Home » Congo’s Power Crisis Threatens Cobalt and Copper Production

Congo’s Power Crisis Threatens Cobalt and Copper Production

A Chinese mining company warns of the impact of electricity shortages on its operations in the mineral-rich country.

by Motoni Olodun

A Chinese mining company, CMOC Group, has warned that the lack of electricity supply in the Democratic Republic of Congo (DRC) could hamper its plans to expand its cobalt and copper output in the mineral-rich country. The DRC is the world’s largest producer of cobalt, a key ingredient in electric vehicle batteries, and the third-largest producer of copper, a metal widely used in construction and electronics.

CMOC Group, which operates the Tenke Fungurume mine, one of the largest copper and cobalt mines in the DRC, said that it has enough power for its current capacity, but not for future growth. The company said that it has been looking for alternative sources of energy, such as hydropower and renewable energy, but that these projects are time-consuming and face infrastructure challenges.

The DRC has been struggling with chronic power shortages for decades, due to ageing infrastructure, mismanagement, and underinvestment. According to the World Bank, only 19% of the population had access to electricity in 2019, and the average electricity consumption per capita was 105 kWh, compared to the sub-Saharan African average of 488 kWh and the global average of 3,133 kWh.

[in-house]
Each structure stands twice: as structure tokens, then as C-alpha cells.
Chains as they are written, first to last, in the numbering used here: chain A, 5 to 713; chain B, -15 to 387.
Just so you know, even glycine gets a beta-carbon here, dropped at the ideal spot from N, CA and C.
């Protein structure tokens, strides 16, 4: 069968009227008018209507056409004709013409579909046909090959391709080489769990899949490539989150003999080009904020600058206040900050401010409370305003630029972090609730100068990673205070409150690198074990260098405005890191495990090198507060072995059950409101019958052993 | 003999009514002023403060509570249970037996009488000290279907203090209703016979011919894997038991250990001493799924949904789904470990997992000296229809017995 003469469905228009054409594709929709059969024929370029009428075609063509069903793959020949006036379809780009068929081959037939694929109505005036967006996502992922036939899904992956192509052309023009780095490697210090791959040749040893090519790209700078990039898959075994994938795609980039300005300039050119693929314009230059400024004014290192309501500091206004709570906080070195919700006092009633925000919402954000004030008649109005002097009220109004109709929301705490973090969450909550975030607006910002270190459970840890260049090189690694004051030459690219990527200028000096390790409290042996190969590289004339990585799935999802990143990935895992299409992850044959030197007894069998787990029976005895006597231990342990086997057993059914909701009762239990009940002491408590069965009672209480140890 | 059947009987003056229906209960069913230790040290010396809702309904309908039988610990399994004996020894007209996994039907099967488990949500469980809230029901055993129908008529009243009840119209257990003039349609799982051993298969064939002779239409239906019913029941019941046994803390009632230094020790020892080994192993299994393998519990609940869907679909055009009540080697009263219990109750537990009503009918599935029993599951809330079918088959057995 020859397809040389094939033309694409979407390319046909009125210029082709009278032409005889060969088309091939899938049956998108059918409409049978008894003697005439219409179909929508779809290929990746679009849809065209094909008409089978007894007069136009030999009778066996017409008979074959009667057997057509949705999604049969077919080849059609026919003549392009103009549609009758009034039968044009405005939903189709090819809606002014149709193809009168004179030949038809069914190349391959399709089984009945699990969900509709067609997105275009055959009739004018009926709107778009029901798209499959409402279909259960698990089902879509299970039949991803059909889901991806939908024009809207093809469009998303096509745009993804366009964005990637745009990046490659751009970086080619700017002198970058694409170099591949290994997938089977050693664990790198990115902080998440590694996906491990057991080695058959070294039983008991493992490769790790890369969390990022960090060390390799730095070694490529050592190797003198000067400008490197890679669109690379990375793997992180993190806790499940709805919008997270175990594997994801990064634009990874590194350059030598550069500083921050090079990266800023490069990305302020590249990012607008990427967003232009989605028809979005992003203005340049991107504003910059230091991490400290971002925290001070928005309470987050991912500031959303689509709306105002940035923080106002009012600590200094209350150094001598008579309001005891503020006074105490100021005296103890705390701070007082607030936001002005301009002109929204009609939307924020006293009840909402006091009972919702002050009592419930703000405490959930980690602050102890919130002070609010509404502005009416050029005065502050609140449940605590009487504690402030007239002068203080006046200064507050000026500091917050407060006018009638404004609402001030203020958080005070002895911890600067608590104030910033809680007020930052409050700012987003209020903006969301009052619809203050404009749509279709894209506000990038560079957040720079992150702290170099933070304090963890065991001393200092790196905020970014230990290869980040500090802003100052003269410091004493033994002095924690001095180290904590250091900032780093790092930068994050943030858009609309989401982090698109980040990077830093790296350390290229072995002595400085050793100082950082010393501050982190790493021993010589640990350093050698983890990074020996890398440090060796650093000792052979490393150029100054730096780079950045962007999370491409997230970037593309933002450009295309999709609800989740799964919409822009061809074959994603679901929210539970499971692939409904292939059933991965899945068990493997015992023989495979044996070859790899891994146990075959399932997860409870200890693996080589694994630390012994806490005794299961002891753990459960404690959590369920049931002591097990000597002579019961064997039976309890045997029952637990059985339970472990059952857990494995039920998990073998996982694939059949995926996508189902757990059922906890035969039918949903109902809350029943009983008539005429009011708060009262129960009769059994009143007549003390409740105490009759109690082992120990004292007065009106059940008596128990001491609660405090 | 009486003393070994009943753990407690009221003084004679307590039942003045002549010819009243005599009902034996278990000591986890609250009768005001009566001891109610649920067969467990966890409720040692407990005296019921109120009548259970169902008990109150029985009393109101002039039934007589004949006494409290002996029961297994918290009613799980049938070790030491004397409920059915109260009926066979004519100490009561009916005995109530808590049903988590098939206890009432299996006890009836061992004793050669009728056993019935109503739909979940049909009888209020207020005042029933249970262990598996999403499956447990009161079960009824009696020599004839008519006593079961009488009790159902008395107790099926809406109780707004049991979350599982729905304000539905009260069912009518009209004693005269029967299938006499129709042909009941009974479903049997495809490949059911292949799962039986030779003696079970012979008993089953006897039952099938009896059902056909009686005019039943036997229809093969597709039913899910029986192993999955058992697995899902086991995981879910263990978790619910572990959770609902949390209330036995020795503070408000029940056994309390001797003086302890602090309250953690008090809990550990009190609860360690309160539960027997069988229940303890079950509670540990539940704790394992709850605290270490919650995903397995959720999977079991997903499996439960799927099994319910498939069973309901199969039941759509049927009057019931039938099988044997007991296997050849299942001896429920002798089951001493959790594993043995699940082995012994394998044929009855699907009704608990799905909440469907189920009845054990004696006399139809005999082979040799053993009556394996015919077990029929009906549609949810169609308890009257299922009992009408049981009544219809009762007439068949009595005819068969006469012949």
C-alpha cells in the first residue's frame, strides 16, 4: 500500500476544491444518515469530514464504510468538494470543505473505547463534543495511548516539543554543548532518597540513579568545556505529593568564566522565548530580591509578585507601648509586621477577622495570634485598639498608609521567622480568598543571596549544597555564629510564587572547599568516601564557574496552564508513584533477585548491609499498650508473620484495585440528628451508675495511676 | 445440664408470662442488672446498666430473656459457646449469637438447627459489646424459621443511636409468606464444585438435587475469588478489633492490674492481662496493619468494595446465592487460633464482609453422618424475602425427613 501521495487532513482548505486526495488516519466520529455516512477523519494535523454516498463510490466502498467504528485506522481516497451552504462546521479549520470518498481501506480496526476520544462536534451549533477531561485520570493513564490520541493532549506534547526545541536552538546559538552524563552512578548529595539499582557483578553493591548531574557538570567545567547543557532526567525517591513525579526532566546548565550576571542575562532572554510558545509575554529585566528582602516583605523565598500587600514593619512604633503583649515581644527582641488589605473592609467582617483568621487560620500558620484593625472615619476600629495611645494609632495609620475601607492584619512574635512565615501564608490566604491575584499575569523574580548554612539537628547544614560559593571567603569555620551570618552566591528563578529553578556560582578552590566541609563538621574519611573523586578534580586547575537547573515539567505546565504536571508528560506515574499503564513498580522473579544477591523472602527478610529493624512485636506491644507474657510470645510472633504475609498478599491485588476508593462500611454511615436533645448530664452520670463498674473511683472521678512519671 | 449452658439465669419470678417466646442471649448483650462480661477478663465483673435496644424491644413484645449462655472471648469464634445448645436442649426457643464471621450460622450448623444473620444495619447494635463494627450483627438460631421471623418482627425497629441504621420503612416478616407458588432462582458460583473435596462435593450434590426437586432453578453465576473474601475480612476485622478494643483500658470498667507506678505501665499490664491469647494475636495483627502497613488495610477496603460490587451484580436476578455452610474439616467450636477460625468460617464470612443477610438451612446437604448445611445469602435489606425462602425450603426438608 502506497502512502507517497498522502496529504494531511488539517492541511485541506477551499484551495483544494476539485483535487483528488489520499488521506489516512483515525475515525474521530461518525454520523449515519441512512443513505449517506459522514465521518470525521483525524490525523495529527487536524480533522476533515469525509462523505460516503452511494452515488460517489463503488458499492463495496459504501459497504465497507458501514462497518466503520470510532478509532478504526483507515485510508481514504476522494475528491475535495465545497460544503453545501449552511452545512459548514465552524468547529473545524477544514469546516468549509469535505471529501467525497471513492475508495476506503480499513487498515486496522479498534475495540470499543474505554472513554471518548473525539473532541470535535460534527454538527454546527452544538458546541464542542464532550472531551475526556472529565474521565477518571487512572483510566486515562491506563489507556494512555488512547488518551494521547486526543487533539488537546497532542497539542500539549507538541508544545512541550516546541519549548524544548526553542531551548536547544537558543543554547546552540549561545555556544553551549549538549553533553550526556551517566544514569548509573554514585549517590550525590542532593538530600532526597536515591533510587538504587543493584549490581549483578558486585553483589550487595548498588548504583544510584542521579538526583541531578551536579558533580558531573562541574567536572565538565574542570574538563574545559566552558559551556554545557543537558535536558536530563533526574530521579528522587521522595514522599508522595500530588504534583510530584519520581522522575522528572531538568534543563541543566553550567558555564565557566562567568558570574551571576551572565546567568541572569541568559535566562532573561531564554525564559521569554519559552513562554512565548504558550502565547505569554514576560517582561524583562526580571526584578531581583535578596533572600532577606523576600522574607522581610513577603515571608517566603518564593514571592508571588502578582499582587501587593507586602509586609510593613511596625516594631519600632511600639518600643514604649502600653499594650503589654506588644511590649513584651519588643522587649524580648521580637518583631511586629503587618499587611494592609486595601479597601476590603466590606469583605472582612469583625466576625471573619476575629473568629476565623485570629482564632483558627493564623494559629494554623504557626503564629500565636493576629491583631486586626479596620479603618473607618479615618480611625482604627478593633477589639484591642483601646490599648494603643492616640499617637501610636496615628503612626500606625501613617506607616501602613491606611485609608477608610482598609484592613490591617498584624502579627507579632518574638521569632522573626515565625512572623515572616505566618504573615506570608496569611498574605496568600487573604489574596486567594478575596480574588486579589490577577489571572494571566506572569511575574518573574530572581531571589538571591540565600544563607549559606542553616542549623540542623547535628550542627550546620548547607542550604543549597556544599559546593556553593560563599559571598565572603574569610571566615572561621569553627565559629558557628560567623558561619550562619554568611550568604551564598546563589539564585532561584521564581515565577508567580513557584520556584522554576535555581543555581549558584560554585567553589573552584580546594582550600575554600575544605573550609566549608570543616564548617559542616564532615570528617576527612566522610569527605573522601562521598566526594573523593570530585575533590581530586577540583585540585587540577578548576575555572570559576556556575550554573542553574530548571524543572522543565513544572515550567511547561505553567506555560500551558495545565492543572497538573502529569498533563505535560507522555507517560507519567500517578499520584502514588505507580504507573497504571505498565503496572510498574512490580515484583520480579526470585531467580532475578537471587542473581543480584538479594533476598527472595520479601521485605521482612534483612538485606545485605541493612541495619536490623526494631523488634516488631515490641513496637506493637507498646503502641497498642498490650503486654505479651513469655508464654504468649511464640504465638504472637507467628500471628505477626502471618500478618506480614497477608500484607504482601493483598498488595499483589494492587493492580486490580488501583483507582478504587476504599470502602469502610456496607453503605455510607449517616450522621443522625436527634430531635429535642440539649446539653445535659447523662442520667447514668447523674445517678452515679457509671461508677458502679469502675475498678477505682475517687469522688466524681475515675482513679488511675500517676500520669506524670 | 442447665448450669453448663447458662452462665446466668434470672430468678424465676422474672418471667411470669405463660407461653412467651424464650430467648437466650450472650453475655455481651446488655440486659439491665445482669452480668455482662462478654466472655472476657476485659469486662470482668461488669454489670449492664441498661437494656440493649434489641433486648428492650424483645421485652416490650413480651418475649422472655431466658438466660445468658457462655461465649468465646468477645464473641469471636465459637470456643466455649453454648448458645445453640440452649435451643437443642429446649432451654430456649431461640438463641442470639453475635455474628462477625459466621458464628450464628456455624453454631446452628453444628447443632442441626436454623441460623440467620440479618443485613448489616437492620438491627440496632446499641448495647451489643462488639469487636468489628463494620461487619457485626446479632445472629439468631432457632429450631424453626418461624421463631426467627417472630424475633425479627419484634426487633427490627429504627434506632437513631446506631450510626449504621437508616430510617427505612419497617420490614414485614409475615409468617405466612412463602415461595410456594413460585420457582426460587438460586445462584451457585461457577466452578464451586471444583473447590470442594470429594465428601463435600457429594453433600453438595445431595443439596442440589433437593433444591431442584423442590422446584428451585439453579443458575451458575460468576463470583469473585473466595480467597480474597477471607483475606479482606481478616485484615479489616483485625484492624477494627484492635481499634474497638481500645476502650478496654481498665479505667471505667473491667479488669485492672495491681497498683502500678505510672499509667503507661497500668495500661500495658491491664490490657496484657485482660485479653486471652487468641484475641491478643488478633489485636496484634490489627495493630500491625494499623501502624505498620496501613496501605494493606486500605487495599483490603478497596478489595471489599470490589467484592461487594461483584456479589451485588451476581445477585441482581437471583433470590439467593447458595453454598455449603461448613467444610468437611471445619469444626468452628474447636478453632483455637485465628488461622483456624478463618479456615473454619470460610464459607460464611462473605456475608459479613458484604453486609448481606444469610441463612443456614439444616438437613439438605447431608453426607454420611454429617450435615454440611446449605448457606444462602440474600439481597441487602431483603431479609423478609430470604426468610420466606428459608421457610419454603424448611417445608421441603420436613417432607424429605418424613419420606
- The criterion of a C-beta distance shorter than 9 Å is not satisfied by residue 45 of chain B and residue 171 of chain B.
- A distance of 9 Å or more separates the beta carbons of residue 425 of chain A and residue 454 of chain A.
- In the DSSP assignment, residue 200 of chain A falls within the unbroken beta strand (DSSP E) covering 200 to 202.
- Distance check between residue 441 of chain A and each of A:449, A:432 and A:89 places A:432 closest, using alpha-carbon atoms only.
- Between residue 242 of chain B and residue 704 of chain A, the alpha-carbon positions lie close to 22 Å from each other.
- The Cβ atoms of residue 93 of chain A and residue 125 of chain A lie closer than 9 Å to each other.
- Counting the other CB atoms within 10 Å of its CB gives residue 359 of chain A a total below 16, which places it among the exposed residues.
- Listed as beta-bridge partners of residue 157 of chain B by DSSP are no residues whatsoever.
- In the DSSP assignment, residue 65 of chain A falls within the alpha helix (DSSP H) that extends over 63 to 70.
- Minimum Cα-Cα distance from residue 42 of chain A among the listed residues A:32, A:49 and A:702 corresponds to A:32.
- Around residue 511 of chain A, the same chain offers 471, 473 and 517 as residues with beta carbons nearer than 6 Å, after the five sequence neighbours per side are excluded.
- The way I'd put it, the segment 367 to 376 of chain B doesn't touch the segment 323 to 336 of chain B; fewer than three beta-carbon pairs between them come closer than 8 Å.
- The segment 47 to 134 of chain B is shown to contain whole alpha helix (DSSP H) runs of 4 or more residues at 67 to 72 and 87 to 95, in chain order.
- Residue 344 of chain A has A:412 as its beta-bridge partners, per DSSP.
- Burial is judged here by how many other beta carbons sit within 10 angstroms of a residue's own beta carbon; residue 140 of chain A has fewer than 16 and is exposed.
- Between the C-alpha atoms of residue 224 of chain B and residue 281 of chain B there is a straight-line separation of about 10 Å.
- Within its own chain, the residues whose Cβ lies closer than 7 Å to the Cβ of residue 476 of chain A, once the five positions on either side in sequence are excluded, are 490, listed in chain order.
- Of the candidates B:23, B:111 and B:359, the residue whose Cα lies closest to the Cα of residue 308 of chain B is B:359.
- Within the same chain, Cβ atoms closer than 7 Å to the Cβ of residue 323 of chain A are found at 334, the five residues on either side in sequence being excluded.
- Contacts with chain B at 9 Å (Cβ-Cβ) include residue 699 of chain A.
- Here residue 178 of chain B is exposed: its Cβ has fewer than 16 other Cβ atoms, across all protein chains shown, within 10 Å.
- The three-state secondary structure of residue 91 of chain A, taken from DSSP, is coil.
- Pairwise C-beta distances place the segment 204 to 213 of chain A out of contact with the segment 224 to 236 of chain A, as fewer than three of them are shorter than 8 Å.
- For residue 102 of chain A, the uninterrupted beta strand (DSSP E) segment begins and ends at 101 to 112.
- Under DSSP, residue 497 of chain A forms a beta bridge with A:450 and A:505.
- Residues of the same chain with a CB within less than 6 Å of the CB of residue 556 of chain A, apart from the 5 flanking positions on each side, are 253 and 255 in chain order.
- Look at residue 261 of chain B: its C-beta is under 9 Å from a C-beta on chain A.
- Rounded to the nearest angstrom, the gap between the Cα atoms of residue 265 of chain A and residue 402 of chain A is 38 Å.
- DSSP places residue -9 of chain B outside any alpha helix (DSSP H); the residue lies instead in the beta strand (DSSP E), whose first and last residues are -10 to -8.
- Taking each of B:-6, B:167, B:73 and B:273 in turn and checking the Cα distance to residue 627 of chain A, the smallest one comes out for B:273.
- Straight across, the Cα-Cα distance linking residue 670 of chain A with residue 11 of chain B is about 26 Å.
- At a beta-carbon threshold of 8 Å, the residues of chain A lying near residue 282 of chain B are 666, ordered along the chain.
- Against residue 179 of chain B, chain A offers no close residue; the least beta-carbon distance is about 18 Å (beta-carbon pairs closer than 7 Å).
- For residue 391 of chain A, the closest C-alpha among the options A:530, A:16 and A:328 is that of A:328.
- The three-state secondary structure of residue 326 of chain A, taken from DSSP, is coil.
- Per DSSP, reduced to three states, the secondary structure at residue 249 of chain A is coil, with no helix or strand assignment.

The power crisis has also affected other mining companies operating in the DRC, such as Glencore, Ivanhoe Mines, and China Molybdenum. These companies have been forced to rely on expensive diesel generators, import electricity from neighbouring countries, or reduce their production levels. The DRC’s state-owned power utility, SNEL, has been unable to meet the growing demand from the mining sector, which accounts for about 60% of the country’s electricity consumption.

The DRC’s mining industry is also facing other challenges, such as transport disruptions, security risks, and political uncertainty. A recent strike by truck drivers had blocked the export of copper and cobalt from mines to ports in South Africa, Tanzania, and Namibia. The country is also preparing for a presidential election on December 20, which could trigger violence and unrest.

Despite these difficulties, CMOC Group said that it remains optimistic about the prospects of its DRC operations and that it does not expect the election to affect its production and investment plans. The company said that the DRC needs to develop its economy and that mineral investment is an important part of it. The company also said that it has been looking for opportunities in other regions, such as South America and Southeast Asia, where it has invested in nickel and lithium projects.

The DRC has the potential to become a global leader in the green energy transition, thanks to its abundant natural resources and strategic location. However, to achieve this, the country needs to overcome its power challenges and create a stable and conducive environment for investment and development.

Source: Mining Weekly


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